Did you know that pastors share something in common with others who work in other people-serving positions, such as nurses, doctors, counselors, social workers, etc.? They share a high rate of distress and discouragement, and oddly enough tend towards more frequent and serious bouts of depression and higher incidences of suicide. You wouldn’t think that would be the case, but it is.

This is nothing new. Even pastors in ages gone by struggled with discouragement and depression. Consider some of what these men went through:

John Calvin – Calvin received so much opposition in his first ministry at Geneva that the year before his expulsion from Geneva he went through great discouragement and depression. Writing about this year in his life he said “Were I to tell you only the littlest things of the misfortune – what am I saying – of the adversity which virtually crushed us during the course of one year, you would hardly believe me. I am convinced that not a day passed in which I did not long for death ten times…”

Andrew Bonar – Writing to his close friend McCheyne said, “I was very melancholy, I may say, on Saturday evening. The old scenes reminded me of my ministry, and this was accompanied with such regret for past failures.” Andrew Bonar also wrote, “My ministry has appeared to me to be wanting in so many ways that I can only say of it, indescribably inadequate.”

Charles Spurgeon – At the zenith of his ministry, Spurgeon said, “I am the subject of depressions of spirit so fearful that I hope none of you ever get to such extremes of wretchedness as I go to.”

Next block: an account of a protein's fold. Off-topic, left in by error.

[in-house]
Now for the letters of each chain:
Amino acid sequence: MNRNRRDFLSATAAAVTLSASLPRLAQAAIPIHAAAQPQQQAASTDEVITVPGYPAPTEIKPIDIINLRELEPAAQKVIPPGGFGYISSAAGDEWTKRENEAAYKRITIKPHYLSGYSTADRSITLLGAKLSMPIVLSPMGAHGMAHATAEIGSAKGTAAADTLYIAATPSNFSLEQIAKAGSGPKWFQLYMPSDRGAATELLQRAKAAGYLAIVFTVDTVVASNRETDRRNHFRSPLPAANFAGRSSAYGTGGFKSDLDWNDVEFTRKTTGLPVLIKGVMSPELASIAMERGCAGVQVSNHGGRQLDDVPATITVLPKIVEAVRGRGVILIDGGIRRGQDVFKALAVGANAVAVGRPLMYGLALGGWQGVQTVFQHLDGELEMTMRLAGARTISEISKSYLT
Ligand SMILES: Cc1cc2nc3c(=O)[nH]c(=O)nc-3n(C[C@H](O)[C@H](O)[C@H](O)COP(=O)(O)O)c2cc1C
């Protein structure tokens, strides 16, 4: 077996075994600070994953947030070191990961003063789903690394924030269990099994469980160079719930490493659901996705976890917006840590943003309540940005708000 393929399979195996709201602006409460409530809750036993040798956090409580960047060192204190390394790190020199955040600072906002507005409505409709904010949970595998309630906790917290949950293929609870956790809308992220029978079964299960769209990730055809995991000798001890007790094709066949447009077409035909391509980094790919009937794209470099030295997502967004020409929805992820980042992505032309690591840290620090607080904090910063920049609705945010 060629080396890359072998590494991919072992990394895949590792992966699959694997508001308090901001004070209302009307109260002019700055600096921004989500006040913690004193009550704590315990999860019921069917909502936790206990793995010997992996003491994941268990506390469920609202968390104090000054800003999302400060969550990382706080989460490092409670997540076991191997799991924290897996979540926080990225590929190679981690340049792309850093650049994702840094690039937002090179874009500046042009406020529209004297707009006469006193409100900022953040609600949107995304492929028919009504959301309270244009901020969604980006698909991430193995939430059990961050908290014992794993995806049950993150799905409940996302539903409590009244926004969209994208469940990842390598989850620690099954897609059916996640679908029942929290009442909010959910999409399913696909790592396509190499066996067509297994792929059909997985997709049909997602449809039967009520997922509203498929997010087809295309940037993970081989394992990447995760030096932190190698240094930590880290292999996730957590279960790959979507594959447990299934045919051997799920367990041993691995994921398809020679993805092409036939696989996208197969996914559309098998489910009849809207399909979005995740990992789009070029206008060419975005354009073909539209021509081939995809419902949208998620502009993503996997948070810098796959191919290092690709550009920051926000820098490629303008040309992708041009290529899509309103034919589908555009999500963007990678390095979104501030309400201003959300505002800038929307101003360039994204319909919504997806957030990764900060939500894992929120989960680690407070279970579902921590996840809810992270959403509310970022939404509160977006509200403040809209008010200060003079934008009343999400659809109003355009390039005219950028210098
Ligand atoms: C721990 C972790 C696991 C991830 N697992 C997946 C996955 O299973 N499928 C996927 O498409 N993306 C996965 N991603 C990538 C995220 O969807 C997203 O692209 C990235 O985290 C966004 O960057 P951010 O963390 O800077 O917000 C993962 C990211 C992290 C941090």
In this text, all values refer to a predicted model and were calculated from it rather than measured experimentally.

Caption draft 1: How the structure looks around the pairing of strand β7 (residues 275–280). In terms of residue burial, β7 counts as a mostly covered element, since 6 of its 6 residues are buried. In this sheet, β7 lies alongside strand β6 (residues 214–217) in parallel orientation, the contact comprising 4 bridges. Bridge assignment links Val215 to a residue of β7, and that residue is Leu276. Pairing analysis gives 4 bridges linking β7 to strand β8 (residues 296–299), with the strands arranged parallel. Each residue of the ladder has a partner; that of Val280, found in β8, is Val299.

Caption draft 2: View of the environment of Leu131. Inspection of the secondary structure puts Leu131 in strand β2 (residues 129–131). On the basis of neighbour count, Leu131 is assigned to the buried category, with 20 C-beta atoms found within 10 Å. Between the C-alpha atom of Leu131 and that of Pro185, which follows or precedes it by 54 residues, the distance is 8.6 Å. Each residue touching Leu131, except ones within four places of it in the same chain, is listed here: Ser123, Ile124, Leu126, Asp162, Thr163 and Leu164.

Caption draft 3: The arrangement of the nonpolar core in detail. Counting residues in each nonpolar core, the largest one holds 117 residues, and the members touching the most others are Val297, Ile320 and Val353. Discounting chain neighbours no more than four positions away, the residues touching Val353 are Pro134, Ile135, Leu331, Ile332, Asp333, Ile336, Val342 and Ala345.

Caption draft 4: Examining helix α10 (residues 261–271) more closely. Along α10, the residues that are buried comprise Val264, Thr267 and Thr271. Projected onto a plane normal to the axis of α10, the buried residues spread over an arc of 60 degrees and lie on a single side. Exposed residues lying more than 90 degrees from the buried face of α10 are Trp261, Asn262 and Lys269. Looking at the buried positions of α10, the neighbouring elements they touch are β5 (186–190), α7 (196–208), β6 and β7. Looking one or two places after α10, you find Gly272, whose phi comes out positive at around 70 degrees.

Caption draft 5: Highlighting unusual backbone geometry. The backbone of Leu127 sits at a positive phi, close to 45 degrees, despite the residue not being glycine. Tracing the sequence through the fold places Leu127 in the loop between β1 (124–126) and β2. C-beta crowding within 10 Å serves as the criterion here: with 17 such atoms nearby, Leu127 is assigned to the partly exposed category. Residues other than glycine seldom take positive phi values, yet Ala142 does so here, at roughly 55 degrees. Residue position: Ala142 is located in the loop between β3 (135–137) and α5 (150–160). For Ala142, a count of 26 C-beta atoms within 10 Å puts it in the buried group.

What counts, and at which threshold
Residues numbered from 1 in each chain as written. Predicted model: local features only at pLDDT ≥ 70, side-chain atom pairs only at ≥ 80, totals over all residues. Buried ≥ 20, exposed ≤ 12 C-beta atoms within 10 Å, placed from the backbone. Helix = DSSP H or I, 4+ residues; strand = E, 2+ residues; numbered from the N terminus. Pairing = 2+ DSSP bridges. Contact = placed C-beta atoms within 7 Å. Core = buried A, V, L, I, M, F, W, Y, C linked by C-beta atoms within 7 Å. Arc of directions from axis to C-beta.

Campbell Morgan – At the height of his ministry, Morgan astounded his congregation by telling them that he was a failure. As he thought over his ministry, he said, “During these ten years, I have known more of vision fading into mirages, or purposes failing of fulfillment, of things of strength crumbling away in weakness than ever in my life.”

(Original source for this could not be found. Sorry.)

These are only a handful of illustrations. There were others, many others, such as Martin Luther, John Knox, John Wesley, Arthur Pink, A. W. Tozer and Dr. Martin Lloyd Jones. Perhaps you would be surprised by how many present day pastors find themselves very discouraged and depressed (statistically, more that 70%); even popular and famous Christian ministers.

The point of this post is not to talk about discouragement or ways to discourage those whose main work is to serve as Christ’s undershepherds, faithfully ministering the Word and work of Jesus to you. If you really want to know how to discourage your pastor(s) check out an old article I wrote  101 Ways to Discourage Your Pastor. Instead, this post is to provide at least ten ways you can encourage our own pastors, and to provoke you to find other creative ways to do this.


Ten Ways to Encourage the Pastor:

1. Live with him in the love of Christ, loving God with all your heart, soul, mind and might and loving the pastor as you love yourself.

(Matthew 22:37-39)


2. Love him in the Lord.

(See the previous blog post, How to Love Our Pastor).


3. Pray for him all the time.


4. Let him rest.